By Azar Nafisi
368 pages; Random House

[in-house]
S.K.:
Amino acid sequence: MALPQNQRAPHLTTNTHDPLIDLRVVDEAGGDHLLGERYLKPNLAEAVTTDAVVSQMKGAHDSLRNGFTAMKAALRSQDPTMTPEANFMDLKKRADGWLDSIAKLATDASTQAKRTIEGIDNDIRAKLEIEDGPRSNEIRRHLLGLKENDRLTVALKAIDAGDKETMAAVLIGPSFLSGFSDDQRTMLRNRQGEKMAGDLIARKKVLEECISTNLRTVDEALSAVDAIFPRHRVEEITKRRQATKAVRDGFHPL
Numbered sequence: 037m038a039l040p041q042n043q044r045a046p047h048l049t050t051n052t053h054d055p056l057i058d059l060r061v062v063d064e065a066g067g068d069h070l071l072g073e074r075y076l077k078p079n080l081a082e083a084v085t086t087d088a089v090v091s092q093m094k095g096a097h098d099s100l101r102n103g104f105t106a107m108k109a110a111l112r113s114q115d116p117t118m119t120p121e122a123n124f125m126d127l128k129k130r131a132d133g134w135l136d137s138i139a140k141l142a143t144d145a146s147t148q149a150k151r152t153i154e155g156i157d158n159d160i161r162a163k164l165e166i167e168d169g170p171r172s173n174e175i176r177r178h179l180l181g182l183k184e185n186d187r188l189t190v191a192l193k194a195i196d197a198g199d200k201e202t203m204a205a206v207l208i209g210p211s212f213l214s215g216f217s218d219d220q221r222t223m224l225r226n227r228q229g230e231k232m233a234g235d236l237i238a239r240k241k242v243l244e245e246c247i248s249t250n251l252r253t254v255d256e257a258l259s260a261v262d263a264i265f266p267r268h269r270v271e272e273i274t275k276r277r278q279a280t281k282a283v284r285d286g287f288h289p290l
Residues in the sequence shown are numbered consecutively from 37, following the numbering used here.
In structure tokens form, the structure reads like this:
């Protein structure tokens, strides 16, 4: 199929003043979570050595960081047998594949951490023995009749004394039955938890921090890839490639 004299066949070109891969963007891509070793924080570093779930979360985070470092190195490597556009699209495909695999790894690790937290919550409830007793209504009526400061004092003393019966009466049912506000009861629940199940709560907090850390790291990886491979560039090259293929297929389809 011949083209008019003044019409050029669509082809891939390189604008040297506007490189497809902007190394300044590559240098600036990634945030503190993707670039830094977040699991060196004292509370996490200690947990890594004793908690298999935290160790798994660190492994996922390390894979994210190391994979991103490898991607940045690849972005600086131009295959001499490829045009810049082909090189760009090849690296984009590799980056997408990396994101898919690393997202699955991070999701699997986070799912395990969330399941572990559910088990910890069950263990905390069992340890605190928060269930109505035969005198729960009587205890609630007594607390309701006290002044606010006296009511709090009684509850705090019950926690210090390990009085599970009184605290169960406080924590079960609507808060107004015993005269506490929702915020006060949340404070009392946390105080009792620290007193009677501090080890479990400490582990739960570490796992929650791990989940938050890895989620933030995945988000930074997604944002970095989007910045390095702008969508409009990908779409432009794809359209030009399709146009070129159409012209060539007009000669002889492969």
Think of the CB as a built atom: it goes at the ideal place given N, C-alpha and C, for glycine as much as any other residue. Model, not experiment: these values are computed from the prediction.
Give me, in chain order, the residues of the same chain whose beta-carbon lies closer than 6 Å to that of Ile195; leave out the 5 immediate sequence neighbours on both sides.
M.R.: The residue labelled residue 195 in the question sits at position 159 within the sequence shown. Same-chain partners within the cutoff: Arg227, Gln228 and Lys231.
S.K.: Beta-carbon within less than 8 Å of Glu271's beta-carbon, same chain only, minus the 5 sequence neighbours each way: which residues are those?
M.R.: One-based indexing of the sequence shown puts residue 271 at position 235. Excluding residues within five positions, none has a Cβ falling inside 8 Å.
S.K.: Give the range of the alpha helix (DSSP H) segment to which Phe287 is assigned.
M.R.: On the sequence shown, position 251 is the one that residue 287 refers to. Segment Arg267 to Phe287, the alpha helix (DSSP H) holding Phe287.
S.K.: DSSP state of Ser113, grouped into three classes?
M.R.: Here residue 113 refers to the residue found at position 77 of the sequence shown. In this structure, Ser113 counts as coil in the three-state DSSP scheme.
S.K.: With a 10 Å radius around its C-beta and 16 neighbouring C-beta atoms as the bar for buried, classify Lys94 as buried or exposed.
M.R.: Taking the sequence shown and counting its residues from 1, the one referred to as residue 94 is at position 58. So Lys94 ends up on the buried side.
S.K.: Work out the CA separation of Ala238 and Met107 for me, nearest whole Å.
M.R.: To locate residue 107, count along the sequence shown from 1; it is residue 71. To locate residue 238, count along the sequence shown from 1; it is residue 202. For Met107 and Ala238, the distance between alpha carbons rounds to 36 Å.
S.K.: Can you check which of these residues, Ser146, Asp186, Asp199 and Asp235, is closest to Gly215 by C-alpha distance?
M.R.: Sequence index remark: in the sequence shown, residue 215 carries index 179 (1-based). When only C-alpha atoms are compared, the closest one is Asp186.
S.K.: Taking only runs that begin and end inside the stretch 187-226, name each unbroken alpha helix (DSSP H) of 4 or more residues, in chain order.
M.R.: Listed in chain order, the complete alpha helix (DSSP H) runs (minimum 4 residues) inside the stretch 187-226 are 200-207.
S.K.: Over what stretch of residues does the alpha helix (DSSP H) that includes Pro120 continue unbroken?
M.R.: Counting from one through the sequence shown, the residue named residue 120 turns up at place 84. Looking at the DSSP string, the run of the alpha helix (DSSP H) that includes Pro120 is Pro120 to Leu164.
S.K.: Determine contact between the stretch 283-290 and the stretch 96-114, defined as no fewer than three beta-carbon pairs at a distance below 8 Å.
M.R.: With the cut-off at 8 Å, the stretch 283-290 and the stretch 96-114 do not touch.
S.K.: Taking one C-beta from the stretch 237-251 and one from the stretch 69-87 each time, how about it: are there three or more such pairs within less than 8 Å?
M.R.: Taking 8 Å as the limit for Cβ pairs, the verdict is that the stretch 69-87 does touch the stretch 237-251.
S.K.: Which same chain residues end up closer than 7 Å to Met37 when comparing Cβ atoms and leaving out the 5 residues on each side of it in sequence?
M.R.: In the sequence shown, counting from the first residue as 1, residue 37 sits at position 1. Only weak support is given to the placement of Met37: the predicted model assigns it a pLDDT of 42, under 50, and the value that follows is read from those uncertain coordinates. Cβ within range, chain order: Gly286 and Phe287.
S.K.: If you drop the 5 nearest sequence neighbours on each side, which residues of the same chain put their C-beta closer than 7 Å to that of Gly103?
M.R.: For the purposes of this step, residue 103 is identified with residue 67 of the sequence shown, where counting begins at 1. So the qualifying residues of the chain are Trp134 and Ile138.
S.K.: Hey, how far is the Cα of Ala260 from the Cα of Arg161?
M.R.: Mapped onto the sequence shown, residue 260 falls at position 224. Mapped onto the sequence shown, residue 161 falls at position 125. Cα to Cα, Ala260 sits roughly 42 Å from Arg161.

Living in Iran under the repressive Khomeini regime, Azar Nafisi jotted down a list of things she was obliged—for personal and political reasons—to keep secret. One item she recorded, "reading Lolita in Tehran," would become the title of her 2003 international best-seller. Her absorbing new book, Things I've Been Silent About, revisits that list to consider how deeply her family history was affected by the history of her native land. With dispassionate intelligence, Nafisi explores her troubled relationship with her difficult, remarkable mother, who became a member of the Iranian parliament, and with her loving father, whose career as mayor of Tehran was cut short by the false accusations that earned him a prison term during the Shah's regime. She writes about her father's infidelities, her parents' unhappy marriage and their eventual divorce, about the colorful cast of relatives and friends who frequented their home, the growth of her passion for books, her education in England and the United States, and about the upheavals that accompanied her country's transformation from a despotic monarchy to a state in which every detail of daily life was dictated by the clerics. Like Reading Lolita in Tehran, Things I've Been Silent About is a testament to the ways in which narrative truth-telling—from the greatest works of literature to the most intimate family stories—sustains and strengthens us as we struggle to weather the periodic violent storms that so drastically alter the landscape—and the world—in which we live.